Hunters feel wronged by words

Published 12:00 am Thursday, October 12, 2000

Pete Phifer, part owner of Rebel Archery, and Daniel Butler discuss attorneys’ comments about illegal hunting in Warren County. (The Vicksburg Post/ROB MAXWELL)

Some Warren County hunters when asked Wednesday and this morning said words spoken by attorneys before the sentencing of four men for federal game violations were simply wrong.

Attorney Travis T. Vance Jr., who was representing one of the men who admitted killing deer by illegal means and out of season, implied that such acts were a way of life in Warren County.

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“That may be the way some people do it, but the majority of hunters in Warren County are sportsmen,” said Pete Phifer, part owner of Rebel Archery Shop on Halls Ferry Road.

Vance said of his client, Billy K. Hearn, “He was raised in rural Warren County where some activities are a way of life.”

“What they (the defendants) did is not the way it is in Warren County,” said hunter Daniel Butler. “We are not a bunch of hicks.”

Phifer, 60, who has lived in Warren County all his life said people like Hearn and the other three men give hunters a bad reputation.

“These people are getting notoriety, not the ones that spend a lifetime hunting legally,” he said.

Hearn, 34, along with Lewis E. Howell Sr., 49, Timothy S. Howell, 20, Lloyd D. Palmer, 31, were sentenced to federal prison terms Tuesday in Vicksburg. The elder Howell was sentenced to six months, Hearn received four months and Palmer and Timothy Howell must serve three months.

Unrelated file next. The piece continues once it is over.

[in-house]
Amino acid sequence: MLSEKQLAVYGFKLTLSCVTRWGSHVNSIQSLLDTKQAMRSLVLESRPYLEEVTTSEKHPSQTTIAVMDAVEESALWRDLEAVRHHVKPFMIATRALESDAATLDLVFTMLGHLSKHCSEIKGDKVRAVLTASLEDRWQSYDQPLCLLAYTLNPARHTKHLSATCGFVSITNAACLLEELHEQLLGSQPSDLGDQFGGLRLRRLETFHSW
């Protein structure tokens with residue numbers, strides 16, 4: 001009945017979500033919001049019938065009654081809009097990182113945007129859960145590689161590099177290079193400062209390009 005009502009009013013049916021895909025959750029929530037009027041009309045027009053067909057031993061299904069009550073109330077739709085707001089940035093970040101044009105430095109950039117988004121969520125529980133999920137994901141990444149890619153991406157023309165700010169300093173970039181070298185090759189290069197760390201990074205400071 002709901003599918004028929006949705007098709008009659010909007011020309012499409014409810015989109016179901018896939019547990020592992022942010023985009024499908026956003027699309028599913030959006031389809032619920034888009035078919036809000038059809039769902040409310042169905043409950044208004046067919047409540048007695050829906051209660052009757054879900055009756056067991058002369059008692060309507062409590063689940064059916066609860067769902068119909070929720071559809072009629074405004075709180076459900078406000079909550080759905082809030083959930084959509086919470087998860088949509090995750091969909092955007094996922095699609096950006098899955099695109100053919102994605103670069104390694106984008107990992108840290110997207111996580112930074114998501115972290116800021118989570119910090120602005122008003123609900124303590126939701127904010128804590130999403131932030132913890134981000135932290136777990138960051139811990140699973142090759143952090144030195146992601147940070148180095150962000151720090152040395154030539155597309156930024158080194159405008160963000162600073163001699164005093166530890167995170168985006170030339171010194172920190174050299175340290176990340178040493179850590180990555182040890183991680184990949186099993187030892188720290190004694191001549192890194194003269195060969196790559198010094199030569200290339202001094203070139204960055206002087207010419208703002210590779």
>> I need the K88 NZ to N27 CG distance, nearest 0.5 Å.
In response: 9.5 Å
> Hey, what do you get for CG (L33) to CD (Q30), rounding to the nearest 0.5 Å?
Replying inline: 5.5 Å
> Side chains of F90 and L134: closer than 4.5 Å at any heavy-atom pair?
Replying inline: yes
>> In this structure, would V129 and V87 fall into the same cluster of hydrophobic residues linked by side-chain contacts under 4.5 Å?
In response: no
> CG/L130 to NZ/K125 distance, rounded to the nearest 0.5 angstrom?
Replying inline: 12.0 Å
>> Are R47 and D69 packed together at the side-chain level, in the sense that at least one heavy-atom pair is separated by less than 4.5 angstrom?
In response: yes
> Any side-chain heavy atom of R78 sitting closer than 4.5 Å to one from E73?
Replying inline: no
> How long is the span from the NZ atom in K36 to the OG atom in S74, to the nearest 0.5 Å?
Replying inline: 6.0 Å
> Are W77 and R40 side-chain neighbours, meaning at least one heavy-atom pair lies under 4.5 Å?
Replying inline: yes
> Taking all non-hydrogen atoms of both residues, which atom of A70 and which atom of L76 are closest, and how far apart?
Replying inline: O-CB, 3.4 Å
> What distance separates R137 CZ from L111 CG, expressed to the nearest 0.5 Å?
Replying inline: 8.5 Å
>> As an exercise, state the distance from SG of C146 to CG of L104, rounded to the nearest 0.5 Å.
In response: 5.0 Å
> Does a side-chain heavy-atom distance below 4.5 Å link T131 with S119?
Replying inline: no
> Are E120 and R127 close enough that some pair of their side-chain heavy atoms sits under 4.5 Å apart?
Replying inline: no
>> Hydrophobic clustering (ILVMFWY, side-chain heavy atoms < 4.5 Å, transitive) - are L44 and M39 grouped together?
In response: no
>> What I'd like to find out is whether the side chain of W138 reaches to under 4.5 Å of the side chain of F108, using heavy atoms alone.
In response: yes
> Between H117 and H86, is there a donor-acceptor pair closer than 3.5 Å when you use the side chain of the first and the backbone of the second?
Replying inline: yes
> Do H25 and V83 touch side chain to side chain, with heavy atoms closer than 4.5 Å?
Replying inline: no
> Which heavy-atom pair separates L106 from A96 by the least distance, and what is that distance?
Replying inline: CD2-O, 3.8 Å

Attorney Arnold Dyer, representing the younger Howell, said, “Hunting in and out of season is a way of life for him.”

The attorneys’ comments came before the sentencing by U.S. District Judge David C. Bramlette III. More defendants, all residents of Louisiana, face court action as a result of the two-year investigation that also included illegal trafficking in venison.

Mike Waring, who works as a wildlife biologist, said gaming violations are not limited to one group.

“Some well-heeled people are the worst gaming violators, but no matter who you are it is wrong,” Waring said. “They are hurting our current generation and future generations.”

Trip Hadad, owner of Hadad’s Outdoor World, said the sentences should have been longer.

“Hunters spend a lot of money on this sport, and those people are stealing from them, but I know a lot of hunters will be glad to see they are going to jail,” Hadad said.

Craig Prevost, a Redwood native, said the four men shouldn’t make excuses for what they did. “I think they were saying it is a way of life for them, but that doesn’t make it right.”